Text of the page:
In the first place, it is often standard practice in the industry for companies to cross-train virtually all their reps on the big PCP products. For example, specialty reps from Merck who only detail neurologists on the migraine drug Maxalt also carry Vioxx in their bags. In the case of Pfizer reps carrying Lipitor to OB/GYNs, it remains a fact that a large segment of women who do not suffer some chronic condition receive their primary medical care from their gynecologists. As Pfizer will next year launch Caduet, a fixed-dose combination of Lipitor and Norvasc, it is entirely appropriate that they would try to recapture some of $4 billion they will lose to generic amlodipine with an all-hands-on-deck sales effort for the new product. Former CEO Bill Steere was an especially strong advocate of cross-training; when products such as their antibiotic Trovan hit the crapper, it allowed Pfizer to redeploy the reps they had hired for that launch into other areas. If one is to impute panic, I hear from sources far more reliable than the umbrella man or three tramps in the railroad yard that Dave Brennan and Tony Zook (Note: respectively President & Senior VP, AstraZeneca in the United States) are running out of toilet paper in the executive bathroom due to Crestor’s slow start.
Your cardiologist’s second error consists of his effort to suggest Pfizer’s panic is leading them to make underhanded payoffs as a result of Crestor’s greater potency at reducing LDL. Pfizer has known Crestor’s clinical profile for several years and they adopted a well conceived marketng strategy to defend against it. Two years ago Karen Katen (Note: Kate is Exec VP, & President of the Pfizer Global Pharmaceuticals) responded to the superstatin tagline that AZ was trying to pin on Crestor with the reply, "Superstatin or superfluous statin?" Pfizer’s idea, then as now, was that for all but the more refractory patients, Lipitor produces good LDL reduction with a demonstrated safety record. If some self-styled lipidologist needs a Hail Mary pill to use on a familial homozygous patient before going to plasma aphoresis, then he can try Crestor until the Zocor-Zetia or the Lipitor-torcetrapib combinations appear on the market.
Your cardiologist’s main contention — that Pfizer paid the Lancet’s editors for their rant on Crestor — is really where he emulates Arlen Spector and propounds a magic bullet theory. While conclusive proof of this would neither shock or surprise me, I tend to be highly skeptical of your man’s allegation for four reasons.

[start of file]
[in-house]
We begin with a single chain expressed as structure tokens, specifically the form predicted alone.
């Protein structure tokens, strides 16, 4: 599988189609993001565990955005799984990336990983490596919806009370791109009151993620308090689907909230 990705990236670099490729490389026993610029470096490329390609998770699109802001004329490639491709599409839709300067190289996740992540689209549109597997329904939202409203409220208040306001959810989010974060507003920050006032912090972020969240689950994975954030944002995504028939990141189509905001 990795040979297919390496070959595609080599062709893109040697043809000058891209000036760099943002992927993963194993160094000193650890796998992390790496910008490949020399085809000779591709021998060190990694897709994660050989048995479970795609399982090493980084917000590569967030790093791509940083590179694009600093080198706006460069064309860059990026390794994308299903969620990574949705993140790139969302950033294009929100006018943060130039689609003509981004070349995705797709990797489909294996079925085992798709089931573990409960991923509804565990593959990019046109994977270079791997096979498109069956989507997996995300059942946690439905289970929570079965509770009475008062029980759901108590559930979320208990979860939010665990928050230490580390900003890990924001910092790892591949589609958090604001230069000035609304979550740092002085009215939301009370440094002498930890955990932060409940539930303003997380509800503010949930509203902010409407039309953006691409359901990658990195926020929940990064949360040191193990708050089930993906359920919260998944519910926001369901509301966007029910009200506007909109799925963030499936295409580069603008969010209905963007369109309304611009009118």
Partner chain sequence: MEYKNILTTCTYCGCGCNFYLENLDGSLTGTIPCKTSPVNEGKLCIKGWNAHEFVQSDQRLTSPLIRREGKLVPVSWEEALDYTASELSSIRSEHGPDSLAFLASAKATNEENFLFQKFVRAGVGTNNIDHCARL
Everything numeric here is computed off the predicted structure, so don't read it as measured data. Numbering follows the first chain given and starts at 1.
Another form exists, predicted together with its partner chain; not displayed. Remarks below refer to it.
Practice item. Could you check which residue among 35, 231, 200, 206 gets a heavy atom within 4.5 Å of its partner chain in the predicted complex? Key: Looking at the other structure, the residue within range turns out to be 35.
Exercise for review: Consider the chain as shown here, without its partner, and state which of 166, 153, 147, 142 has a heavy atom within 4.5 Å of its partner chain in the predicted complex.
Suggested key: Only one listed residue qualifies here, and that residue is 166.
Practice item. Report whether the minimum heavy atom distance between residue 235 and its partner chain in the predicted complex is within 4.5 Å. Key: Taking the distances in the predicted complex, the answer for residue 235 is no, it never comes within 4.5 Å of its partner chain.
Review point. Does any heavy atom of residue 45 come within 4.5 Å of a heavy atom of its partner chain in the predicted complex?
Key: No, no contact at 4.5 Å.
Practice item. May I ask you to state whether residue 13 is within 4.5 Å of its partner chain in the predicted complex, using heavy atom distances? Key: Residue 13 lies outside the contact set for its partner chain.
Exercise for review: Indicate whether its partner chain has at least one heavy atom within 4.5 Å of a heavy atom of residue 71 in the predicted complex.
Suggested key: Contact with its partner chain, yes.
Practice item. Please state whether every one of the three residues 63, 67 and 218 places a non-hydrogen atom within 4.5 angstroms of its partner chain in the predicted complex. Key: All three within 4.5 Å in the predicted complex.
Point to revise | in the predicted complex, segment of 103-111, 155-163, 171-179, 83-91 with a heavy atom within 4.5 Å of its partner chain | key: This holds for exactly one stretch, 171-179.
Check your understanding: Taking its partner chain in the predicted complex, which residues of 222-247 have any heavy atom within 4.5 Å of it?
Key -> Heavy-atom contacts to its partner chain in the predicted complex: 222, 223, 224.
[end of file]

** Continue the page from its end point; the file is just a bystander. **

Pfizer has lawyers crawling all over it from the Neurontin whistleblower suit that the Department of Justice joined. Any e-mail or note hinting at this sort of payoff to the Lancet could easily come up as a by-product of discovery and would seriously jeopardize the entire Lipitor franchise. The downside risk far outweighs even the worst consequences of the Neurontin suit that involve disgorgement of all profits from off-label Neurontin sales.
My second reason for doubting a Lancet payoff is based on the fact that since the Warner-Lambert takeover, Pfizer has been a fairly disorganized company. The two organizations were not well integrated and this problem was further exacerbated by the Pharmacia acquisition. Unless there was a rogue contingent there operating entirely beyond control, I doubt Pfizer could exercise the coordination required for such a black bag job.
My third reason for skepticism comes from experience with the Lancet editors. They constitute some of Big Pharma’s fiercest critics. If Pfizer had approached them with a bag of cash, it would have become the lead story for every news outlet around the world.
Last but not least, the Lipitor people knew that a payoff was unnecessary. When Arnold Relman comes out and says that Crestor is a me-too drug and Sidney Wolfe predicts it will prove worse than Baycol, Pfizer couldn’t buy such PR for any amount of money.
Your academic contributor stands on much firmer ground when she notes Pfizer’s impending loss of big product sales to generics. This does not, however, substantiate any implication that Pfizer is going ballistic over Crestor. McKinnell and his people have in place some well articulated strategies (fixed-dose combinations, co-development deals, marketing structure, others) that seek to cope with this. I have my doubts that they’ll be able to carry it off without their sales and stock price going into a trough similar to Merck’s current one, but we’ll have to see. Deducing current panic and payoffs from this possible scenario is too farfetched.
Alas, while I don’t care for your cardiologist’s style of thinking or his blithe ignorance of the industry, I do come down beside him in predicting that Crestor will eventually sell $2.5 billion a year as a result of hypolipidemic market growth and patent loss for Zocor and Pravachol.
I’ll step in to referee this soon, but let it be known that I’m with Oliver Stone and believe that there was more than one shooter in Dallas in 1963. And I’m somewhat with Noam Chomsky when he says that the Media "manufactures consent" based on knowing which side its bread is buttered, and he wouldn’t be quite as comfortable as some with the chinese wall between The Lancet‘s editorial board and its advertising business manager.